Obama kept posturing to the world that he would close Guantanamo and substitute civilian trials for military tribunals. He continued to say that he did not enjoy using renditions or drones — even as he upped the latter’s deadly missions tenfold.
The results were contradictory messages that encouraged radical Islamists. The conclusion radical Islamists drew was that even the Obama administration had admitted its anti-terrorism protocols were either morally questionable or ineffective.
Blaming a video maker instead of immediately taking out the known jihadists who had murdered Americans in Benghazi only reinforced that mixed message. So did exchanging five terrorist kingpins in Guantanamo for an alleged American military deserter in Afghanistan.
A series of empty Middle East red lines, deadlines, and withdrawal dates likewise reinforced the idea of American abdication.
We warned Syria of air strikes and then backed down. We surged in Afghanistan only to simultaneously announce a withdrawal date for our troops. We issued Iran lots of deadlines to stop enriching uranium, only to forget them and end sanctions in hope of negotiations.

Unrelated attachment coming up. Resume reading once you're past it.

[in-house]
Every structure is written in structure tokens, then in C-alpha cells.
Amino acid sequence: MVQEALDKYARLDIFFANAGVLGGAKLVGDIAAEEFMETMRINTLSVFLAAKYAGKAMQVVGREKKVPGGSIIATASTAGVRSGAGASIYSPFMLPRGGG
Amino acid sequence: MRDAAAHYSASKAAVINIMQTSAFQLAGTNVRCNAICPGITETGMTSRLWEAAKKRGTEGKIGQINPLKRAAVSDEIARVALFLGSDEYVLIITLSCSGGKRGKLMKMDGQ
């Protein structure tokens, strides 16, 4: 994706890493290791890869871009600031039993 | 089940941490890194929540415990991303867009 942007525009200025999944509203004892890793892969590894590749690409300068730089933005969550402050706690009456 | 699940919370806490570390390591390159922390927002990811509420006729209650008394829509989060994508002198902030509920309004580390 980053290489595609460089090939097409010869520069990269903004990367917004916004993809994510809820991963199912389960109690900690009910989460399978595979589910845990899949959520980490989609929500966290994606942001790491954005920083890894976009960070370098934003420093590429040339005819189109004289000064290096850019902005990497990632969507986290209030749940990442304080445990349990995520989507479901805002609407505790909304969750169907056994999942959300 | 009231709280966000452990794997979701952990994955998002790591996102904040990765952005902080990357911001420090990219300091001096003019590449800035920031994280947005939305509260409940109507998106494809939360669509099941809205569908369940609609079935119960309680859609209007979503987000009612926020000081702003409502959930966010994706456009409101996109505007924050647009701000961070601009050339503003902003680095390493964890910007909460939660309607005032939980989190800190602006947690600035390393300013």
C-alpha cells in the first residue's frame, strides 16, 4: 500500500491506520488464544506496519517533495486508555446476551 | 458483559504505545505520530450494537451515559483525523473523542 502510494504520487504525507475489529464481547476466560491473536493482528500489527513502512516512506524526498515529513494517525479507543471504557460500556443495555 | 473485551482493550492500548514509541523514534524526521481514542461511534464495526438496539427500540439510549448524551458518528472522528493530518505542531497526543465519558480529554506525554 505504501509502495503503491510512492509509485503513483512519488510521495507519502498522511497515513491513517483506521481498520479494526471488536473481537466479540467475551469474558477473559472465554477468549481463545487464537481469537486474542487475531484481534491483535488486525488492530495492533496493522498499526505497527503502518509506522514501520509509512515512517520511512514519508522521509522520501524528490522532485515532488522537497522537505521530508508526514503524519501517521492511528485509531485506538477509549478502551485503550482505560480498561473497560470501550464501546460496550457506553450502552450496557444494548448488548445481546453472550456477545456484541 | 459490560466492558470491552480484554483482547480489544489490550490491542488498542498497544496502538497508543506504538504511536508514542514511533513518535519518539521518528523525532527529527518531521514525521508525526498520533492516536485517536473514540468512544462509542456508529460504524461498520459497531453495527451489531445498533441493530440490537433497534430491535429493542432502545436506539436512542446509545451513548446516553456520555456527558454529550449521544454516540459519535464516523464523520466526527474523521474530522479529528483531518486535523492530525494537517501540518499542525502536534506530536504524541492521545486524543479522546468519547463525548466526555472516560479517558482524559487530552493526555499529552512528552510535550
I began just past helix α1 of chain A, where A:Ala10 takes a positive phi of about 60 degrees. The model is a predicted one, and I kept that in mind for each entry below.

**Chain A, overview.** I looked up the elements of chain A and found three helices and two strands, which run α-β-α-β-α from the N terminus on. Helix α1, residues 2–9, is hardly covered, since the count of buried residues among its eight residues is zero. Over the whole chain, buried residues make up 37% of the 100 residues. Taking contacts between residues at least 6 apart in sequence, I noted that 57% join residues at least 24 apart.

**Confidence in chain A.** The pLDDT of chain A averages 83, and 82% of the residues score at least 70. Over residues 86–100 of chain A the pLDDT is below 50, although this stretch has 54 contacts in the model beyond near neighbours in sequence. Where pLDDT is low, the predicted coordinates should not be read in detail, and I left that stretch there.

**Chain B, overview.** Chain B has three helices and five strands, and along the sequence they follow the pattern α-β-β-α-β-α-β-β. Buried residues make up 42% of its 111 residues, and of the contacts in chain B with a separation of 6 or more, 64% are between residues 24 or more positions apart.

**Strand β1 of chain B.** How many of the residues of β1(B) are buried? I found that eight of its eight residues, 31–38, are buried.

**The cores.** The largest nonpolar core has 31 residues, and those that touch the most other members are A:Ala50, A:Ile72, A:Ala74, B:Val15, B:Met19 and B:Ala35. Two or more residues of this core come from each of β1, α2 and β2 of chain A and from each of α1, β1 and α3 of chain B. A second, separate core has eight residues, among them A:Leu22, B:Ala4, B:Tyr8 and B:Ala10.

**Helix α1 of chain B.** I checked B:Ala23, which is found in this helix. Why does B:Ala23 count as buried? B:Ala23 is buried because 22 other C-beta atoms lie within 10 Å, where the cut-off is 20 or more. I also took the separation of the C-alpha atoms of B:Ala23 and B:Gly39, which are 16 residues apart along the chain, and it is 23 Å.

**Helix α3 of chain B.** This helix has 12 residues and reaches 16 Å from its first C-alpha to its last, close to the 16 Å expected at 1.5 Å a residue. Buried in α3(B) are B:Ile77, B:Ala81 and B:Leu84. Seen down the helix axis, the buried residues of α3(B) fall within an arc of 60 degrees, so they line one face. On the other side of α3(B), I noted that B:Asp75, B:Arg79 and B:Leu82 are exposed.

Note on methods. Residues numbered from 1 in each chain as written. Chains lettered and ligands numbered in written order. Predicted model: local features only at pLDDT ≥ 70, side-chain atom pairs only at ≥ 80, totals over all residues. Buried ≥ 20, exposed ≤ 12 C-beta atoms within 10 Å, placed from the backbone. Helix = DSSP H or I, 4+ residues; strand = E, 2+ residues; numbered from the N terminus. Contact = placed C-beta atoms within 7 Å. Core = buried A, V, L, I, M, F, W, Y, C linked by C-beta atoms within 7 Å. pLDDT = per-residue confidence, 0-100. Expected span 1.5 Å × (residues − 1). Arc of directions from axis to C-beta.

I would go further.
Obama refused to lift a finger, or even raise his voice, to help or encourage Iran’s abortive Green Revolution in 2009 — effectively siding with the Mullahs. By sabotaging the Status of Forces negotiations with Iraq, Obama demonstrated he was not militarily serious. In Libya he showed he was willing to destroy, but not to build. Benghazi showed he would lie to his own people — us — to hide the nature of the threat against us. In Egypt he picked the wrong side so many times, and always late to do even that, that he showed he could be easily out-flanked and out-thought. Syria… jeebus, but Syria.
It may only be due to the sheer momentum of American power that we have any standing left in the Middle East at all. But it won’t last much longer.